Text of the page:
Once my child shows an interest in learning to read, we review the sounds of the letters on the pronunciation chart and then practice reading from one of the Little Angel Readers or the God is Good series. While reading, we keep the chart close by to reference the sounds. Then we move on to the number chart and practice counting and skip counting on the abacus. Then they grab their printing chart for reference, open their notebook and copy from whatever book they choose. Afterwards we play counting games with manipulatives to solidify concepts. And learning doesn’t end here. At this age they’re like sponges and absorb all that is going on around them throughout the day.
In our homeschool, we follow the natural method of learning. The principle of this method is that children develop their intelligence and skills at different ages utilizing different resources. Not everyone learns to read at five, subtract at six and write at seven. Subjects are also studied interchangeably throughout the day and not in isolation. The focus is not on completing pages of workbooks or on test scores but rather on fostering a natural love for learning.
“The natural method leads to higher levels of creativity.” -Dr. Beechick
Using the natural method when learning to write, intertwines reading, penmanship, grammar, composition, spelling, vocabulary, history and literature. My children write one page of copywork in their notebooks daily from the book of their choice. They select among history books, science, fiction, non-fiction, vocabulary lists and many others. After they finish their copywork, they read to me what they wrote while I check for grammar and spelling errors. They also use this collection of books as resources and inspiration for writing reports, essays or just for reading enjoyment. Then once a week we visit our local library.
- Baltimore Catechism No. 2 • (religion)
- The Only Grammar Book You’ll Ever Need • (grammar)
- The Grammar School Speller and Definer • (vocabulary)
- Thorndike Barnhard Dictionary 1971 • (definitions)
- Christ And The Americas • (American history)
- Christ The King, Lord Of History • (world history)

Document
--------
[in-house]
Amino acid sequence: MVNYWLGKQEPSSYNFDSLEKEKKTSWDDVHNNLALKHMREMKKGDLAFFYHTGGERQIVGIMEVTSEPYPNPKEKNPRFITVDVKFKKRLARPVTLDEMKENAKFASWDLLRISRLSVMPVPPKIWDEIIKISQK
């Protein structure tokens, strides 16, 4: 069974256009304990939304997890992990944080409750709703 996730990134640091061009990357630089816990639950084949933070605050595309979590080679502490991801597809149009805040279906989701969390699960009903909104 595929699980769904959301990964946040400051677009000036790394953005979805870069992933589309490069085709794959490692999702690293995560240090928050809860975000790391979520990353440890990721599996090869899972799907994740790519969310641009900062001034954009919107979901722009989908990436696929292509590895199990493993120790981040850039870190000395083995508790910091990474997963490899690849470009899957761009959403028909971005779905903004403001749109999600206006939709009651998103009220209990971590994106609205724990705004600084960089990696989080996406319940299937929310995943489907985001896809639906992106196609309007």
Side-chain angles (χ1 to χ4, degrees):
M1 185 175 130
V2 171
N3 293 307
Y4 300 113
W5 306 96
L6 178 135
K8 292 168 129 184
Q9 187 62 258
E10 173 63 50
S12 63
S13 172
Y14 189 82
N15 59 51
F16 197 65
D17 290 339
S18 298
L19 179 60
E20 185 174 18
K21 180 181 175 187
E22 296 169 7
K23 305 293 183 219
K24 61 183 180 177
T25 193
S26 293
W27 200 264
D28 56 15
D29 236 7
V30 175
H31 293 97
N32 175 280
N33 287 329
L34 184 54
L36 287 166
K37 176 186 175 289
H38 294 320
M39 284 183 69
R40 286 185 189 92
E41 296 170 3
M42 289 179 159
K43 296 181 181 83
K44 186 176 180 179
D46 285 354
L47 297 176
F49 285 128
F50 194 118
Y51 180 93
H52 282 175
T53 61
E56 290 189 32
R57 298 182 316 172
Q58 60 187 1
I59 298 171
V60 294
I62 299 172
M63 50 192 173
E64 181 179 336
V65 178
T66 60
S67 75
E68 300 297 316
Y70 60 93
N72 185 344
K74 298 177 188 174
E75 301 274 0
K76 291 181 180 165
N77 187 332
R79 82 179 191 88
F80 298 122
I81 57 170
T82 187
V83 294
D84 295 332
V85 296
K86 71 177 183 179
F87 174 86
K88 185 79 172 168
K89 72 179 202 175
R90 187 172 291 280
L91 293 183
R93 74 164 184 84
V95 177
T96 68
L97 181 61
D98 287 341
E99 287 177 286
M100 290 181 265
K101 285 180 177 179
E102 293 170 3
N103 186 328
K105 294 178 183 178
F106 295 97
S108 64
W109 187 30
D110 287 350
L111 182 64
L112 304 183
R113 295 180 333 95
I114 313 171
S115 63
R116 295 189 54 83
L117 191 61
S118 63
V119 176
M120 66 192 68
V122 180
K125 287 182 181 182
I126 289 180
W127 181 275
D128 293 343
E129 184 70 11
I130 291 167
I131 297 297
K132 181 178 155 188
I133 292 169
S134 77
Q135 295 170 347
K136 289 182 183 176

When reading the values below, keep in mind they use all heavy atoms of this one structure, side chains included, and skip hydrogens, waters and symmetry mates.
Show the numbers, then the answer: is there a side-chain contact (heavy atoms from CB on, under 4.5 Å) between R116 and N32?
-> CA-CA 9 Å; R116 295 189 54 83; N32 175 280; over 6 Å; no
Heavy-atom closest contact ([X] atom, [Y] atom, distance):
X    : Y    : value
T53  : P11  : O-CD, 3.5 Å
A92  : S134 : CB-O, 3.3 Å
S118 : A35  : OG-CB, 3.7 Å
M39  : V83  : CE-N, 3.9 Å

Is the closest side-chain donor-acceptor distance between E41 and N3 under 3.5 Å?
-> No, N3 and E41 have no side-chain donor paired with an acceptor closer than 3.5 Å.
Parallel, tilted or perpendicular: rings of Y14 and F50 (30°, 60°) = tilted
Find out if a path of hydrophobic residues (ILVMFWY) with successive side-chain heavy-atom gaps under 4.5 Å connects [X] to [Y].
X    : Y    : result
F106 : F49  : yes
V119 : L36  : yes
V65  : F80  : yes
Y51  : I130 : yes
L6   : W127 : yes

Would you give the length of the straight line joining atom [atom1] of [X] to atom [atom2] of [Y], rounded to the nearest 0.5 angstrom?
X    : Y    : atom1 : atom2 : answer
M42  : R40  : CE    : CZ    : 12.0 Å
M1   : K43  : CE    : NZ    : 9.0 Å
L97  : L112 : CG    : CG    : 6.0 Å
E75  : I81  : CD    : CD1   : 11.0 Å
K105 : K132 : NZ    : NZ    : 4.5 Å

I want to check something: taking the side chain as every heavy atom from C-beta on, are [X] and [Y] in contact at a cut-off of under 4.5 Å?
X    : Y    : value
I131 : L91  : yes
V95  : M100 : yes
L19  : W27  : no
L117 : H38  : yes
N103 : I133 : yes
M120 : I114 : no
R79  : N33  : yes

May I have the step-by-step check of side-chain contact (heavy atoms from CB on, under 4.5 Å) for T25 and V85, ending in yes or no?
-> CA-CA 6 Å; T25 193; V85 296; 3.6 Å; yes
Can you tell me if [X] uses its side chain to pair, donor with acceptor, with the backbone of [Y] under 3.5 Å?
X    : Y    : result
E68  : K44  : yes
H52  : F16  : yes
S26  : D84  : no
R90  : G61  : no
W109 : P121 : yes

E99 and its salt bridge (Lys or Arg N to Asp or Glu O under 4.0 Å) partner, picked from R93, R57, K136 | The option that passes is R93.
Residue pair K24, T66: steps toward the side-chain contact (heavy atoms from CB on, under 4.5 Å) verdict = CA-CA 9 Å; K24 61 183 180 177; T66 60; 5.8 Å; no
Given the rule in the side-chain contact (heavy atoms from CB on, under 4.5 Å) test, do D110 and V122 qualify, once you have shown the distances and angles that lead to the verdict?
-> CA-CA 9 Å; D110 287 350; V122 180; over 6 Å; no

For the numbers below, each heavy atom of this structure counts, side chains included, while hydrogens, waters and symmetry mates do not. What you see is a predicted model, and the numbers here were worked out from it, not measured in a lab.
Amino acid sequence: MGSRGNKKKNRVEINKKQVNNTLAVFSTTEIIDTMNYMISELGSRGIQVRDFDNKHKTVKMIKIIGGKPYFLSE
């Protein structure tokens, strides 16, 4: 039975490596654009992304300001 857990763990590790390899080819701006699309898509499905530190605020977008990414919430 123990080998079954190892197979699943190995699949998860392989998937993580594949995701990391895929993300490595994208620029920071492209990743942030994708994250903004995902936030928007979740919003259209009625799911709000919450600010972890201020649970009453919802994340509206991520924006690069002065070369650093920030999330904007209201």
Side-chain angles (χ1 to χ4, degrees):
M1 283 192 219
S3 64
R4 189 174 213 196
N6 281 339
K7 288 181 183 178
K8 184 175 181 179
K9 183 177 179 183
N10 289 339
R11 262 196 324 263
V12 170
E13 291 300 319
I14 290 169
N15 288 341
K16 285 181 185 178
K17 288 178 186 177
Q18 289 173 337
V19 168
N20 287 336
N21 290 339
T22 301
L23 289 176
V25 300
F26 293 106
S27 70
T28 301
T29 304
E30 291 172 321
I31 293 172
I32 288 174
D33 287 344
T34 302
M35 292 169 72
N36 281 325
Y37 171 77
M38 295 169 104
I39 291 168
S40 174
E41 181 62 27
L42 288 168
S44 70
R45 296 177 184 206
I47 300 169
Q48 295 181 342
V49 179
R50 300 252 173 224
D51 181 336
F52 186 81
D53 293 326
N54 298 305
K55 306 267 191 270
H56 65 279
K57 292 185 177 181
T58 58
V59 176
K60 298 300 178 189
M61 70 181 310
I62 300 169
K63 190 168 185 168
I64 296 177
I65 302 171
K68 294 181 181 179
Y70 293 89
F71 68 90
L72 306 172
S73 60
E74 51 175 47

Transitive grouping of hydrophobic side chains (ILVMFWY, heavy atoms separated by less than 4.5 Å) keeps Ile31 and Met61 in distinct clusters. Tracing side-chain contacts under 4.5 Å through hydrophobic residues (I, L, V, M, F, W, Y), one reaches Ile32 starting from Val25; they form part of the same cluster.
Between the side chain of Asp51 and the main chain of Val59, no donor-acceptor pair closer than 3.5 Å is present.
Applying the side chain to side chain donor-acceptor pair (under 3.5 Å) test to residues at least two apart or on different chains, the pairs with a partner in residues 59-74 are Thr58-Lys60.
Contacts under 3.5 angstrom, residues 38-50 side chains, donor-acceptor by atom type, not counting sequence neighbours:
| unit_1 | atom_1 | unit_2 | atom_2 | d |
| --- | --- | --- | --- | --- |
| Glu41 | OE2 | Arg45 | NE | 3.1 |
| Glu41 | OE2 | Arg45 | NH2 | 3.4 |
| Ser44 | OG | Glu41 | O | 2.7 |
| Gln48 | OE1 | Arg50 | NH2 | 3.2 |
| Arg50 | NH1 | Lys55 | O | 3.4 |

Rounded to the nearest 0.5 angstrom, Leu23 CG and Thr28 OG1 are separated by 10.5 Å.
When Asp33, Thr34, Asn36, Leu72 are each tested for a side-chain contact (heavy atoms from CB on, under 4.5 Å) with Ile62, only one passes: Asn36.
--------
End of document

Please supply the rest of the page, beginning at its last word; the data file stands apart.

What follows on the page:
- Saints Lives Series by Mary Fabyan Windeatt • (20 book set)
- The Little House Series by Laura Wilder • (9 book set)
- The Chronicles of Narnia by C.S. Lewis • (7 book set)
- The Door Within Trilogy by Wayne Batson • (3 book set)
Count your chickens before their hatched… and after! 😁 Children between the ages of about six to about thirteen, grow through two modes of thinking about arithmetic. These are called the manipulative mode (outside the head) and the mental image mode (inside the head). Dr. Beechick wrote that children need to be proficient in the manipulative mode as a preparation for other modes to follow. Failure to do this is one of the main reasons children have a difficult time with arithmetic.
Graded-level math books too often introduce concepts that are better tackled at an older age, when the brain is more developed, or attempt to explain abstract symbols without a strong foundation in manipulatives. After many years of going back and forth between math curricula, our family is now focusing on using manipulatives, board games, card games, working with money and planning investments to not only develop math skills but to learn about how to build an income for the future.
MUSIC AND ART
My children have access to many instruments (ukulele, piano, guitar, etc.) and drawing books which they use on a daily basis. However I believe placing a structured curriculum over their artistic capabilities takes the enjoyment out of learning the fine arts. So rather than workbooks, drills and testing, they actually sing, play beautiful music and draw. If one of them wants it to be more structured or wants to dive deeper into the history of fine arts, I then provide them with the necessary books or online class.
HEALTH AND SCIENCE